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The Law implemented 1986

Definitions used in HCQIA

Landmark Cases 

These cases are the latest in a series of decisions nationwide leaving physicians who are subjected to peer review without any legal remedies, and without any right to secure a fair hearing and a fair outcome.

(1988) PATRICK v BURGETT  -  (protects physicians in the State of Oregon from federal antitrust liability for their activities on hospital peer-review committees)
Bias and Conflicts of Interest Immaterial

In Manzetti v. Mercy Hospital of Pittsburgh, the Pennsylvania Supreme Court held on July 18, 2001 that the hospital and reviewers were entitled to immunity under HCQIA. The Supreme Court disregarded all evidence relating to the reviewed physicianís competitorsí involvement in the case and attacks against him. The Court stated that any self-interest, bias or conflicts of interests by the reviewers were immaterial. According to the Court, the only time HCQIA precludes an economic competitor from involvement in the internal peer review process is at the hearing panel phase of the case; however, HCQIA does not preclude economic competitors from perpetrating due process violations and inculcating bias throughout the early phases of the review process. Under most hospital bylaws, by the time the physician gets to the fair hearing panel, the burden has shifted against the physician with the requirement that the physician prove by clear and convincing evidence that all prior decisions were arbitrary and capricious or factually baseless. Practical experience demonstrates this is a virtually impossible burden to sustain and standard to satisfy.

The Supreme Court also held that the "reasonable effort" prong of the four-part HCQIA immunity test is satisfied if the review activities are "sensible," but they do not have to be "flawless." Thus, the Supreme Court has countenanced due process violations and errors in the peer review process.

Sloppy, Negligent and Wrong Peer Review Warrants Immunity

In Donnell v. HCA Health Services of Kansas, Inc., the Kansas Court of Appeals held on July 6, 2001 that physician peer reviewers are immune from liability under HCQIA even if their investigations are sloppy, negligent, and wrong. Physicians must prove bad faith and malice to have a peer review decision overturned.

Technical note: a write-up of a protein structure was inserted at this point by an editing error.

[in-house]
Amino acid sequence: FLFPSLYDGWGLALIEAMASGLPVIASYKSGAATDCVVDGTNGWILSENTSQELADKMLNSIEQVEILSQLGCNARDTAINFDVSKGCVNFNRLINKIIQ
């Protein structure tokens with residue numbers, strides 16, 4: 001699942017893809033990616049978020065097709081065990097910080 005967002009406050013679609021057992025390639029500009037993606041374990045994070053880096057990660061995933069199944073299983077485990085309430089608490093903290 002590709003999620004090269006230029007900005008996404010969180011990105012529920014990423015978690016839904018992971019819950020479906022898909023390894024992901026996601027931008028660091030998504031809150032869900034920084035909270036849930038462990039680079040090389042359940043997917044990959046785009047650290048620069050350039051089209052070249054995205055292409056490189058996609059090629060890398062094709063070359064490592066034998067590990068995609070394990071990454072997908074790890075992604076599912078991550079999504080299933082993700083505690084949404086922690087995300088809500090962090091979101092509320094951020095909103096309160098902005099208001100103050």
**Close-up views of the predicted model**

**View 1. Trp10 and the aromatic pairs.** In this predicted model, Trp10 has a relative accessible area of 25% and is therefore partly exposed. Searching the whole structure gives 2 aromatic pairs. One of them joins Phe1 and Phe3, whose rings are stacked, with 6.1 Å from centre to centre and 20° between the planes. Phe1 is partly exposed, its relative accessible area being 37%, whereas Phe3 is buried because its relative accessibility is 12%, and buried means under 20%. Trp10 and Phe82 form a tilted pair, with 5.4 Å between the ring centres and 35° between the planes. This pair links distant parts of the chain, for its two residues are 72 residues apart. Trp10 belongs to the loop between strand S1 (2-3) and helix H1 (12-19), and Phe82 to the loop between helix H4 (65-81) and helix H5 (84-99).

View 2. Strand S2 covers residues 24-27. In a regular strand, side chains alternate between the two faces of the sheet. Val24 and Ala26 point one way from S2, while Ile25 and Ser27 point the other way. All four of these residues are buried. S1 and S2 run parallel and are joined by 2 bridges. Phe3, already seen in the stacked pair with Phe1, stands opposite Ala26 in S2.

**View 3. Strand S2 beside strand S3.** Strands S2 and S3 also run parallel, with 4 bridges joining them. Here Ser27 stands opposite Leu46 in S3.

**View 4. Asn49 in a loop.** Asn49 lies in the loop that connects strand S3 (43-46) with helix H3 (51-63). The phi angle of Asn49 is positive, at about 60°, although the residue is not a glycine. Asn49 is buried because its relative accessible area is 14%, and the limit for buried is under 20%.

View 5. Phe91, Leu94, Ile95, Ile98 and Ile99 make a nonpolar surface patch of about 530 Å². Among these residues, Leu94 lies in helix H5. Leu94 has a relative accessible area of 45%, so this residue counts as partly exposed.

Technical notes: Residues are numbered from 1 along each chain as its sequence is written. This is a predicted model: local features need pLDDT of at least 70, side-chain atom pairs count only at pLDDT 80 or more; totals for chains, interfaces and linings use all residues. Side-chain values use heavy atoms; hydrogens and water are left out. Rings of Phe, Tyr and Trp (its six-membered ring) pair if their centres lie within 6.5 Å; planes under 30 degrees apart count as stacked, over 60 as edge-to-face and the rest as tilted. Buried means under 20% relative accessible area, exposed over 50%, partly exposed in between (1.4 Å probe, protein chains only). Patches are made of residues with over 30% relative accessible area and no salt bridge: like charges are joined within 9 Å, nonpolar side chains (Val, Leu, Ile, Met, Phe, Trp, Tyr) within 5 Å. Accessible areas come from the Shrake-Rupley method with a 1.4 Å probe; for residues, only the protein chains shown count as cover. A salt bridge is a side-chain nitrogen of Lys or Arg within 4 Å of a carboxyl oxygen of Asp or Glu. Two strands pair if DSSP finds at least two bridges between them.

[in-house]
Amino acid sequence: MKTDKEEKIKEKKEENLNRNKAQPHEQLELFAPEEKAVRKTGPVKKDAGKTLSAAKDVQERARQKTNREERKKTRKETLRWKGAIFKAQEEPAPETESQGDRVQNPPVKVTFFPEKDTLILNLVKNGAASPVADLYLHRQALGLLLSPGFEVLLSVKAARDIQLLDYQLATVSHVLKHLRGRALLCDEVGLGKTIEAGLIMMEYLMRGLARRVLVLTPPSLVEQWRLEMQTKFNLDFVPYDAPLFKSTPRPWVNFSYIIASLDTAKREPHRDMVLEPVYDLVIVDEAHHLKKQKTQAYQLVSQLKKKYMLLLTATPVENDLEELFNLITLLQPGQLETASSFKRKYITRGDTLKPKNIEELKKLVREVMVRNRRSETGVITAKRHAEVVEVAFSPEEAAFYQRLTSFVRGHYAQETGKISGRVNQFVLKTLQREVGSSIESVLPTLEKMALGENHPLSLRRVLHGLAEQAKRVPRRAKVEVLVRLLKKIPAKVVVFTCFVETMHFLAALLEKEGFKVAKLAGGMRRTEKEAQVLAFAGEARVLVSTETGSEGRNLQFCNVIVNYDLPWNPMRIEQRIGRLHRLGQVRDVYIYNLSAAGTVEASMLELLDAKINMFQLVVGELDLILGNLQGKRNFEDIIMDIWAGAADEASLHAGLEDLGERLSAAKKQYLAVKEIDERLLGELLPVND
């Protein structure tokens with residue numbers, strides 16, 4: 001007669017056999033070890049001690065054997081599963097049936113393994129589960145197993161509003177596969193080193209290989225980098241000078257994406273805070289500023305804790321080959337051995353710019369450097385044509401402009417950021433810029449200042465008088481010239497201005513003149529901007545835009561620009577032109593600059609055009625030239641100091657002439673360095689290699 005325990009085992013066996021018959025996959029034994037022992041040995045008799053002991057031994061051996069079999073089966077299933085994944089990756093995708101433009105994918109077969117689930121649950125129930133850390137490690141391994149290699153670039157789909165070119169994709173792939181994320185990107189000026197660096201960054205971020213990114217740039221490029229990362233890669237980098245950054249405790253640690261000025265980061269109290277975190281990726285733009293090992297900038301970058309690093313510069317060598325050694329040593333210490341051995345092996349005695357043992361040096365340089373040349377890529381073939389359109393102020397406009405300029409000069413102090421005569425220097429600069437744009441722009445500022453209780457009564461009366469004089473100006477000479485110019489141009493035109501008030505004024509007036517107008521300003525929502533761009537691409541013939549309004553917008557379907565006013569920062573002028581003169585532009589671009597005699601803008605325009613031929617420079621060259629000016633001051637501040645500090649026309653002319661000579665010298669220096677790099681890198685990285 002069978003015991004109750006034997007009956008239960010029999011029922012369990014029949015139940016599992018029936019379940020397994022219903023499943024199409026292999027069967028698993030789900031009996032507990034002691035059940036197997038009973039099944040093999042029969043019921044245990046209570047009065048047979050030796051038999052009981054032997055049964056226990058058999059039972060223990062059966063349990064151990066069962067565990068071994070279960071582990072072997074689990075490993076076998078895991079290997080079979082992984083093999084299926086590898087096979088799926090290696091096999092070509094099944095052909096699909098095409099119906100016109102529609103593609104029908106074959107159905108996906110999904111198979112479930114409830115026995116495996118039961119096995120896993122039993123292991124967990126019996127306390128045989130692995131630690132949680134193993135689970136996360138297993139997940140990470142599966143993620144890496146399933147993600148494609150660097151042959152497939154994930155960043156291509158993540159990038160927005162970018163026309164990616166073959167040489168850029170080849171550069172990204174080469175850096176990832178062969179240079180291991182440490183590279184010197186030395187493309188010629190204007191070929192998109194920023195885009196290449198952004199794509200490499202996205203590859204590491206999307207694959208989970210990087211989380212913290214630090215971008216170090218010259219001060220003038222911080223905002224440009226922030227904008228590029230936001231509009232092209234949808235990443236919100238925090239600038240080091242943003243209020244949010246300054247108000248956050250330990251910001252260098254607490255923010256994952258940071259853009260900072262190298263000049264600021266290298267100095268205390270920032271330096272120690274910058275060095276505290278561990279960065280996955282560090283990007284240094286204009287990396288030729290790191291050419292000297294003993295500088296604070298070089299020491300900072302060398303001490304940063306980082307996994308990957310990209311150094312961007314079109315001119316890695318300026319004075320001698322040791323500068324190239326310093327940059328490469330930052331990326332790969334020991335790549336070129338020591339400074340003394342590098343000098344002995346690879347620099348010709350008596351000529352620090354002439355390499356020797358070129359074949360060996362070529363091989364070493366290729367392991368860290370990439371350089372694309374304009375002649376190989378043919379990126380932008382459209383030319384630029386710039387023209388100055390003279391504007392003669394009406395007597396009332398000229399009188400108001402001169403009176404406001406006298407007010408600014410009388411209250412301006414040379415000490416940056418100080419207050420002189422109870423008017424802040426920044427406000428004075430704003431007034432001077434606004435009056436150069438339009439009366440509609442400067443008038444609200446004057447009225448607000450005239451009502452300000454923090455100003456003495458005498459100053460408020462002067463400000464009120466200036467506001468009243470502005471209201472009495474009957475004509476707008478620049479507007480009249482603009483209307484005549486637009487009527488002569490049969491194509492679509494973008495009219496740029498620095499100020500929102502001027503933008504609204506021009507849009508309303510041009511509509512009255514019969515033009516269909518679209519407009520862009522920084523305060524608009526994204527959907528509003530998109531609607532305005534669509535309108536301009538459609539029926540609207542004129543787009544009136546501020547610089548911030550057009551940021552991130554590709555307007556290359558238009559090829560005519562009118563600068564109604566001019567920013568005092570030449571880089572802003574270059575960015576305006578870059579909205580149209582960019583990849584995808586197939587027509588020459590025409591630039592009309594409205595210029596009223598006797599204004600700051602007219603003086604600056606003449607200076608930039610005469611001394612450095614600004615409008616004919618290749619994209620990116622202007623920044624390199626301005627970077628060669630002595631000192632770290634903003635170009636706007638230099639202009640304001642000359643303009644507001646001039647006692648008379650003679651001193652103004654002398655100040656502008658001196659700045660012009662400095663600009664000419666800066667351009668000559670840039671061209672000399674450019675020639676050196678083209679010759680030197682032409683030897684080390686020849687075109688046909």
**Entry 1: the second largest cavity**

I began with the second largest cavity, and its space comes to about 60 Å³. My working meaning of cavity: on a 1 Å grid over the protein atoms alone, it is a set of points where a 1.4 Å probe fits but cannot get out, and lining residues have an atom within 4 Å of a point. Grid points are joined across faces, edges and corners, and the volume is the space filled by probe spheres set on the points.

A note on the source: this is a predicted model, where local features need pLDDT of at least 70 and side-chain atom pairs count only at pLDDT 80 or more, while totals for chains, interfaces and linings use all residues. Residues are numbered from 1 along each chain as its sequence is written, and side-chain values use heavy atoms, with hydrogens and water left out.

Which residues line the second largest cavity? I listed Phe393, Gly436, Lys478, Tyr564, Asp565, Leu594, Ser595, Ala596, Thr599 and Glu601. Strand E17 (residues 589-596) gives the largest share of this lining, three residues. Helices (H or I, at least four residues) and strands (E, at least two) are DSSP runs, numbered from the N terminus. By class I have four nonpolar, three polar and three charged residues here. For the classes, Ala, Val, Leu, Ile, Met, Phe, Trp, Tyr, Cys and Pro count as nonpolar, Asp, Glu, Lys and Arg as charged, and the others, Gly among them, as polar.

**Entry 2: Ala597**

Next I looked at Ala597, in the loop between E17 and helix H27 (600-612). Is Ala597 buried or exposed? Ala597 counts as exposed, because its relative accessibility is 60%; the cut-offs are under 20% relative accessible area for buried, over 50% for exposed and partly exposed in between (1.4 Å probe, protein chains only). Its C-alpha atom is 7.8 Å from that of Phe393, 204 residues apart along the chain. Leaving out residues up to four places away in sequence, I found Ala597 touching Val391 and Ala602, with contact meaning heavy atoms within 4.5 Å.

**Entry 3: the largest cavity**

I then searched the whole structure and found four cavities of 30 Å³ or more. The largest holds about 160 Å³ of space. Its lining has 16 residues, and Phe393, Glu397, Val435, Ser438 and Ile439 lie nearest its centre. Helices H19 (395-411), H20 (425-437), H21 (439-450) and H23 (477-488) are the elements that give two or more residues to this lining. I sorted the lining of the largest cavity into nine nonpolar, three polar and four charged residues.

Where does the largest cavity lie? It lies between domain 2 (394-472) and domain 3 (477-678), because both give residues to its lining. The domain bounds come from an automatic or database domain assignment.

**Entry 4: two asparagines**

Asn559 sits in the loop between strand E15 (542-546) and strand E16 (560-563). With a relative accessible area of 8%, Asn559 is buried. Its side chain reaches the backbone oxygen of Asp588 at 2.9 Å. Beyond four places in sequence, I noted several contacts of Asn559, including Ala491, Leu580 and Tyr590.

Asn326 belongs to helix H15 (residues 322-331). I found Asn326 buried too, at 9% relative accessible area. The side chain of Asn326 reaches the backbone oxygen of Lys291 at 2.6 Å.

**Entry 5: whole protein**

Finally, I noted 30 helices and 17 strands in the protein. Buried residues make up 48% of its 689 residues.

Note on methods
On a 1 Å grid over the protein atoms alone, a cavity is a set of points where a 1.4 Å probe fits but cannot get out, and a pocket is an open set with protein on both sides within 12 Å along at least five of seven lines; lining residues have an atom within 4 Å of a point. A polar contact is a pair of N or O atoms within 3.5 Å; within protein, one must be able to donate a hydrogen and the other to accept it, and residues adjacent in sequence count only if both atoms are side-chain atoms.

This decision, like Manzetti above, allows a hospital to make serious mistakes about the quality of a physicianís health care. It also permits termination of the physicianís staff privileges, and the detrimental effect of a Data Bank entry, all with immunity from liability and practical impunity.

One Mistake and Done: Free Ride for Abuse

In Meyer v. Sunrise Hospital, the Nevada Supreme Court held on May 15, 2001 that a hospitalís decision to terminate a physician based upon a single incident, regardless of the high quality of care the physician provided throughout the remainder of his career, was sufficient to protect the hospital under HCQIAís immunity provisions.

One Justice on the Supreme Court recognized the unfairness of the statute, but was compelled to uphold the decision. The Justice noted that HCQIA can sometimes be used, "not to improve the quality of medical care, but to leave a doctor who was unfairly treated without any viable remedy." That Justice also stated: "basically as long as the hospitals provide procedural due process and state some minimal basis related to quality health care, whether legitimate or not, they are immune from liability, which leaves the hospitals free to abuse the process for their own purposes."

No Constitutional Infractions

In Freilich v. Board of Directors of Upper Chesapeake Health, Inc., a federal court in Maryland held on May 14, 2001 that the HCQIA immunity provisions do not violate due process or equal protection under the U.S. Constitution.

Review Must Be 100% Wrong?

In Brader v. Allegheny General Hospital, 167 F.3d 832 (3rd Cir. 1999), it was proven that the hospitalís outside expert report had several incorrect conclusions. The Court of Appeals, however, ignored these mistakes because it found the report to be "otherwise thorough." The Court implied that the expert report must be entirely mistaken, and that the mistakes must be obvious. Because they were not, the hospitalís decision was not unreasonable, and the first and fourth prongs of the HCQIA immunity test were satisfied.